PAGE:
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Lead sulfide nanoparticles synthesized by new colloidal technique

Morteza Sasani* and Masood Askari

Solid State Laser Division, Laser Research Center,
Tehran, 11365-8486 IRAN

This is an abstract for a presentation given at the
10th Foresight Conference on Molecular Nanotechnology

 

The nanometer particles of lead sulfide, PbS, have shown an increased demand in the last decade due to their unique physical properties. PbS nanoparticles have been prepared in colloidal solutions or embedded in transparent solid media such as glass, zeolite and polymer. Bulk PbS has a cubic (rock salt) crystal structure and a narrow direct band gap (0.41ev) at the L point of the Brillouin zone. This point is well separated from all the other bands; thus size quantization will influence mainly the valence and conduction band edges. Moreover, the high dielectric constant (17.3), as well as the narrow band and small electron effective mass (<0.1,m), create an excition with large effective Bohr radius (180Å) and relatively weak binding energy. The aforementioned properties suggest that size quantization possesses strong influence on the electronic properties of PbS nanoparticles. On the other hand, a key objective of researches in the field of small semiconductor clusters is to produce such species in a very narrow size dispersion range. Such a material would permit the examination of intrinsic optical and other physical properties of a given cluster dimension unclouded by averaging effects of having an heterogeneous distribution of cluster size. The results reported for almost all developed techniques so far, show a quite wide significant dispersion. Among those, previous work on extremely small PbS clusters in zeolite Y [1], is one of the very few ones having a narrow cluster size range with a unique observed optical properties.

A range of colloidal technique has readily prepared small particles of lead sulfide for the over 17 years. In this research, based upon procedure taken from ref.[2], preparation of lead sulfide nanoparticles solutions were carried out. The main step of this procedure, which has been schematically shown in the block diagram in fig.(1), is as follow. 30 µl of 0.1M Pb(NO3)2 aqueous solution was added into 30 ml of water containing 2.29×10-3 g sulfur ions (S2-). Some 30 µl of 0.1M ethylenediamine tetraaciticacid (EDTA) sodium salt aqueous solution were added to this provided solution in order to form a complex with Pb2+ in order to retard the rate of the subsequent reaction. The solution was then stirred for a few seconds. In order to have a controlled chemical reaction, H2S gas purging usually has been used. In this work for this purpose, H2S gas dissolved in water was used and the amounts of S2- in water were determined by back titration process (titration with Na3AsO3.12H2O), and direct method. H2S gas was prepared from reaction between ferrous sulfide and hydrochloric acid in a Kipps apparatus. Absorption spectra of the colloidal solutions in the visible range were taken using a Hitachi U-3410 spectrophotometer. Most common solvents absorb light strongly in the near infrared, therefore, in order to measure the absorption of the PbS in this region it was necessary to use 200-800 nm wavelength rang of photospectroscopy. MgCl2 was added to solution to induce fluctuation of the nanoparticles and to increase stability of the colloids. X- ray diffraction was carried out on the sample provided by above-mentioned procedure. The diffraction pattern obtained confirmed that PbS was the dominant phase presents. No significant diffraction peak due to MgCl2 was observed. The X- ray diffraction data indicated that nanoparticles of PbS, preserve their rock salt crystal structure with relatively high degree of crystallinity. Since the clusters in colloidal solution are too small, it is difficult to be characterized by either an ordinary X-ray diffraction apparatus or transmission electron microscopy. Therefore, it was decided to use a theoretical estimation method to do so. For this reason, it seems that the 'Tight Bonding Cluster Model', developed and presented by Wang, et.al.[3], is a reasonable way to determine the size of the cluster. The calculation shows the average particle size is about 5 Å.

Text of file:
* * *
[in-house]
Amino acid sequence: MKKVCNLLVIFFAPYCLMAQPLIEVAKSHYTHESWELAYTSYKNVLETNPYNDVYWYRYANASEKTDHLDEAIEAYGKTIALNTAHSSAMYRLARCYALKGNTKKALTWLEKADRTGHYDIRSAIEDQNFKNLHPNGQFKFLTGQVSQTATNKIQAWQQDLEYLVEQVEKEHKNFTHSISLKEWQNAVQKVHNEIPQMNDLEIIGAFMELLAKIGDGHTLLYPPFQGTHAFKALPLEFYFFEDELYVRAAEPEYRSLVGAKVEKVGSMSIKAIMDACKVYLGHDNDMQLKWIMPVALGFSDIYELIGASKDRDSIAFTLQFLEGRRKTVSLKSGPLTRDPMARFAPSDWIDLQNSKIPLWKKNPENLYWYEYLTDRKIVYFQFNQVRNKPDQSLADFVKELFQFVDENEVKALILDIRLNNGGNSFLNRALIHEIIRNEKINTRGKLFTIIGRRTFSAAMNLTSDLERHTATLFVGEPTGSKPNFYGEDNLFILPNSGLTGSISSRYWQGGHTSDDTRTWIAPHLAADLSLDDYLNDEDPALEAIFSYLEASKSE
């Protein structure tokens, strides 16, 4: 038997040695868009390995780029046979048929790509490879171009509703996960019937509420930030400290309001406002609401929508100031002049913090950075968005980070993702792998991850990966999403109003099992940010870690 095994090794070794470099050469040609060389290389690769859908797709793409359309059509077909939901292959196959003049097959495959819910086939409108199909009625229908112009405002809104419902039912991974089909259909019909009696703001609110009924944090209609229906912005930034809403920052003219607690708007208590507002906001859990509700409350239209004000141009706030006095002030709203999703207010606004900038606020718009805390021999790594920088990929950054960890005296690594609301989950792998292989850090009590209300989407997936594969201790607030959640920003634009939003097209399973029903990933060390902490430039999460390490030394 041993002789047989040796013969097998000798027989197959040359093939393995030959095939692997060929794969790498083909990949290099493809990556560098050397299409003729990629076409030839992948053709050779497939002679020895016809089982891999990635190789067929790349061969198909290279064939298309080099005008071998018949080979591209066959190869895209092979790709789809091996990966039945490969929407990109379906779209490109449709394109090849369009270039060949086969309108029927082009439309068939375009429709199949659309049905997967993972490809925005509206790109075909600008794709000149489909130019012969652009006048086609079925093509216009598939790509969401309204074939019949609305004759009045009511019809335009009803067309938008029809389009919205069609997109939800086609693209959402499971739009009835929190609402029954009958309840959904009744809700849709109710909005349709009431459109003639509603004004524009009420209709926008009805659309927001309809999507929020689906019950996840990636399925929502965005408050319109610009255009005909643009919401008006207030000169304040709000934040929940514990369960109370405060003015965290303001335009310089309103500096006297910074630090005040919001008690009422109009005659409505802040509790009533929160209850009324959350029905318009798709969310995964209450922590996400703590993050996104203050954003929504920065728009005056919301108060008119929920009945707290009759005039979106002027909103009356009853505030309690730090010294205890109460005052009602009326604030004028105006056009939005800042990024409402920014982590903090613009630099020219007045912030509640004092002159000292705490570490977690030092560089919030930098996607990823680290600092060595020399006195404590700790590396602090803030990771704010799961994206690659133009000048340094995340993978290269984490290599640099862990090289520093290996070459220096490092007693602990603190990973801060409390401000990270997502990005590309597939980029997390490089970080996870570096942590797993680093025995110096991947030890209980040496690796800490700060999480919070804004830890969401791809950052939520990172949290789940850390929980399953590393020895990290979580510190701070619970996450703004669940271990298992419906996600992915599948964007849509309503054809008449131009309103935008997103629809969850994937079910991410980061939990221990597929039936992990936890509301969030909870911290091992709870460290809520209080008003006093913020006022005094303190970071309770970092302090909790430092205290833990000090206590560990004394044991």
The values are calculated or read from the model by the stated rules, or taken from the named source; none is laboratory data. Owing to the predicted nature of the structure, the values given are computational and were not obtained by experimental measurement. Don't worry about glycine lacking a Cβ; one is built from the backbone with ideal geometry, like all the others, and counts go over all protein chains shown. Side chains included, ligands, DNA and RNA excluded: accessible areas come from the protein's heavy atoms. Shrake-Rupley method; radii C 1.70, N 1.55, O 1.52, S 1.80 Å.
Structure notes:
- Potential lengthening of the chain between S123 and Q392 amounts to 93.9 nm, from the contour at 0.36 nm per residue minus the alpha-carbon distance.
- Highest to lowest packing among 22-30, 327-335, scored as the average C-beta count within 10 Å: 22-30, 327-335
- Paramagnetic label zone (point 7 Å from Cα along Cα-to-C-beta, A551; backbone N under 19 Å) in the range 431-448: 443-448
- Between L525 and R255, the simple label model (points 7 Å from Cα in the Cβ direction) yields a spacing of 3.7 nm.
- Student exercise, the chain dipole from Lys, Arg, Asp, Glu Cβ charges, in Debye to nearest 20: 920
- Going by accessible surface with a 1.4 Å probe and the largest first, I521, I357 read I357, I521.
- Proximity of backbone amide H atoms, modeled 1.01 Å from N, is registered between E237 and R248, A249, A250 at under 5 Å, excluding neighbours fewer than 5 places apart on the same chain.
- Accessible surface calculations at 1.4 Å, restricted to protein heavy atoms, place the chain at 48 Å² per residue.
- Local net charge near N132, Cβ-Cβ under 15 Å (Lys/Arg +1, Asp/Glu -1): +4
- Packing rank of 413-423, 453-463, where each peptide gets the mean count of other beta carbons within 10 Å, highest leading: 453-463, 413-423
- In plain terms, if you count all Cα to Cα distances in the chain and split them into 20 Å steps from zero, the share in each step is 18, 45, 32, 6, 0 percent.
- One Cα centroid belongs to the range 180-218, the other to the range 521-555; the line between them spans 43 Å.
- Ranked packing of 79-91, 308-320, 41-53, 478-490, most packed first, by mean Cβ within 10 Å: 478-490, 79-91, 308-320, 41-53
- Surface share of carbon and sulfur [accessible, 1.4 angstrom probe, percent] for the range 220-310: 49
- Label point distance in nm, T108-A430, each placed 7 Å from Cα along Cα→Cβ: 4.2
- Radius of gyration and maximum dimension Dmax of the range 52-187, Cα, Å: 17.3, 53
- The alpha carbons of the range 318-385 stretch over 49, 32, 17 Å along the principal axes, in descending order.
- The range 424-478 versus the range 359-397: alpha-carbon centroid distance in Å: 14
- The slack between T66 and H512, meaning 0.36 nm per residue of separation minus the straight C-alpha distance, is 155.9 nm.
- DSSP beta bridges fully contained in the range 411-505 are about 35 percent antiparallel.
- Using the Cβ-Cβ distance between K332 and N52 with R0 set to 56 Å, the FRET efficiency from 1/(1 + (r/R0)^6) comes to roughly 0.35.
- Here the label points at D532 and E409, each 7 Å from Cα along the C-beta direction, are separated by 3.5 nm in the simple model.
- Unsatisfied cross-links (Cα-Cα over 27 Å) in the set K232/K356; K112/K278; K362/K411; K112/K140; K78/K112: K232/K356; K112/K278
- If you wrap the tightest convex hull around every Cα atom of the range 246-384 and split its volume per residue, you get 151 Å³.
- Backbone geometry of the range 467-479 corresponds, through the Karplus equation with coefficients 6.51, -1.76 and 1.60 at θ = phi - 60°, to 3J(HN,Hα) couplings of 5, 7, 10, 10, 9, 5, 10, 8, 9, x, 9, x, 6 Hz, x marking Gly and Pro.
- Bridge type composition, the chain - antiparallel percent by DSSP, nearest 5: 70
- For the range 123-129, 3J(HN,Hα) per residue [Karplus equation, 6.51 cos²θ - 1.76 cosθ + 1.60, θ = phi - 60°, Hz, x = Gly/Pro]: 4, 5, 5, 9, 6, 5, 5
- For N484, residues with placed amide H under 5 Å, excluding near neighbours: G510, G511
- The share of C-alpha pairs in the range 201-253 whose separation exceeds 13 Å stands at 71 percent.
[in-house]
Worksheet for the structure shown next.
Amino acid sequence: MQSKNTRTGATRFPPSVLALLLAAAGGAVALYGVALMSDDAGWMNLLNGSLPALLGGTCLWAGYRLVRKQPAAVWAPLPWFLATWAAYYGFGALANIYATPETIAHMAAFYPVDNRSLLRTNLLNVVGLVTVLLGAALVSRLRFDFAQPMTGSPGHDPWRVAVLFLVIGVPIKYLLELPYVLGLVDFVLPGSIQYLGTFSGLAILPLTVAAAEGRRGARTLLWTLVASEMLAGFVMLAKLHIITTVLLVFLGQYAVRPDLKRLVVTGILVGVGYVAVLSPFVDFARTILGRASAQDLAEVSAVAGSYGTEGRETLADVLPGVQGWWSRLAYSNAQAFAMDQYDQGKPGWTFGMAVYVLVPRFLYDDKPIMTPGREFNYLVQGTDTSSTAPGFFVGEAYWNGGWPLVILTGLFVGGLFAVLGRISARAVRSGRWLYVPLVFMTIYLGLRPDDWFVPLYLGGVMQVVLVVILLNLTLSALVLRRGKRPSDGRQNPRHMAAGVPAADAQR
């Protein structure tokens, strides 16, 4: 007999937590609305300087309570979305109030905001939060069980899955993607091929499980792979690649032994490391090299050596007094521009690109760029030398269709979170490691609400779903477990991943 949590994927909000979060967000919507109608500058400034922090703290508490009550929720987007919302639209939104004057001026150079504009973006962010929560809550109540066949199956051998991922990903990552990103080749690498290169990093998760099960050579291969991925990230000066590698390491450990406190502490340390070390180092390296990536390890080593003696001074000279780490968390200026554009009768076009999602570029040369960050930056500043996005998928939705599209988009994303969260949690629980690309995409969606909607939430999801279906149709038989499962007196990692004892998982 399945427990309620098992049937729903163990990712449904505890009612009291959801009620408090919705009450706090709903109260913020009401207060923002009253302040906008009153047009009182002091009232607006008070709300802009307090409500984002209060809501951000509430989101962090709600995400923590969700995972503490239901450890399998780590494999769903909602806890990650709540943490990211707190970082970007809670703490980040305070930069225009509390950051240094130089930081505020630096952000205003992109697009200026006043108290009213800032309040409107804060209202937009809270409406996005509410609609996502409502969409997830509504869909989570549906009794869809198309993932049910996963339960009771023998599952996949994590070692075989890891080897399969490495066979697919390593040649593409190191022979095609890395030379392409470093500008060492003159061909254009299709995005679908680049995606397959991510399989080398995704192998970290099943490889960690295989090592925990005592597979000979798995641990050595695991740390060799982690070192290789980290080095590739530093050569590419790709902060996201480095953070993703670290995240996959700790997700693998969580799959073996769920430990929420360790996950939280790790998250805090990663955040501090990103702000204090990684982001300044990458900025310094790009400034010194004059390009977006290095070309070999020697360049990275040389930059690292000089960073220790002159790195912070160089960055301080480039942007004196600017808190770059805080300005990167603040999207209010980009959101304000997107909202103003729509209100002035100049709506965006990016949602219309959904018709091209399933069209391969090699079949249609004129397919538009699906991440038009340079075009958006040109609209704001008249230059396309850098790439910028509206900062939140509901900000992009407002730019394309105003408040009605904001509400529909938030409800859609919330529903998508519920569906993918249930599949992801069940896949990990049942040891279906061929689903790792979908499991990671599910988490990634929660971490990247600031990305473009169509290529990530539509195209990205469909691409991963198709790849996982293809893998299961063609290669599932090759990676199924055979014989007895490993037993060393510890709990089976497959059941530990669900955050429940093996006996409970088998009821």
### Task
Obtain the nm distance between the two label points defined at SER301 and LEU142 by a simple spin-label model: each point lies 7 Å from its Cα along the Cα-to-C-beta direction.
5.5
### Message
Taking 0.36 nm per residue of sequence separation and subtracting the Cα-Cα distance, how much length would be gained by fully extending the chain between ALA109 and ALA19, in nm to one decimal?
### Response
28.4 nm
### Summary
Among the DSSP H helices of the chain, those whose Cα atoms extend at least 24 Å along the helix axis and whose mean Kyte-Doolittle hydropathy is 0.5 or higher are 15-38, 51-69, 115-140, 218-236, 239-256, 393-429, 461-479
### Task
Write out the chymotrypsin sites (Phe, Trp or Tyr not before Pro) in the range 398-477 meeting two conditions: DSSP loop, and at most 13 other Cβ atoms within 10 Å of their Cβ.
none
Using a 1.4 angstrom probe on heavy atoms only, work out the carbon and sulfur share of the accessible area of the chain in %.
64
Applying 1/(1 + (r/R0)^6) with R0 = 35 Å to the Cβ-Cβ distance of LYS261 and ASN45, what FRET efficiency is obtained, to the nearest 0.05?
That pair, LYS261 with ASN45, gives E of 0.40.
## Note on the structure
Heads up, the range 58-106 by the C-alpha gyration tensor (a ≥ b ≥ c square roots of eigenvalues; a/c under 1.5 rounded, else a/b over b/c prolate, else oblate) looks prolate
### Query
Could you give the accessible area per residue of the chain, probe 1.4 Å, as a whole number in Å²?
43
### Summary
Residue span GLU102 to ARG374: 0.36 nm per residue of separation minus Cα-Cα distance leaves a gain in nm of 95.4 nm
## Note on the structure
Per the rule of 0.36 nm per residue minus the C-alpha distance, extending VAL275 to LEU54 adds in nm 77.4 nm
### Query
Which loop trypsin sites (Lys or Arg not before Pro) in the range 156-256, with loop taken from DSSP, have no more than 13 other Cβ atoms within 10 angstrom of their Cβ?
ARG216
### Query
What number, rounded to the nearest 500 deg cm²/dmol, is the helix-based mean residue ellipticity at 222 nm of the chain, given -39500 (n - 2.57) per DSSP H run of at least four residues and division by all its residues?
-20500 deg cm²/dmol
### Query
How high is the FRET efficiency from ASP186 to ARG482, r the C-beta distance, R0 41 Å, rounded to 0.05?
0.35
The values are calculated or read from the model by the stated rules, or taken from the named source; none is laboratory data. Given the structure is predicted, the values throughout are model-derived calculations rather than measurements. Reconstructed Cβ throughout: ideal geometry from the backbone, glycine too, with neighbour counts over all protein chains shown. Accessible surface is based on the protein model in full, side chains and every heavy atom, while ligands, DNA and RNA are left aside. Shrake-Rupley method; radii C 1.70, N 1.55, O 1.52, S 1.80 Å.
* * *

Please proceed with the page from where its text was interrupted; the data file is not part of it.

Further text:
References:

  1. Chen.W, et.al.,'New observation on the formation of PbS clusters in zeolite-Y', Appl.Phys.Lett., 68 (14), pp 1990-92 (1996)
  2. Bhat.J.C, et.al.,'Lead sulfide quantum-size particles with absorption band onset in the near infrared', Mat.Res.Symp.Proc., 421, pp 145-150 (1996)
  3. Wang.Y, et.al.,'PbS in polymers. From molecules to balk solids', J.Phys. Chem, 87 (12), pp 7315-7322 (1987)

*Corresponding Address:
Morteza Sasani
Solid State Laser Division, Laser Research Center
North Kargar Ave., Tehran, 11365-8486 IRAN
Phone: 0098-21-8008592 Fax: 0098-21-8008592
Email: msasani@seai.neda.net.ir



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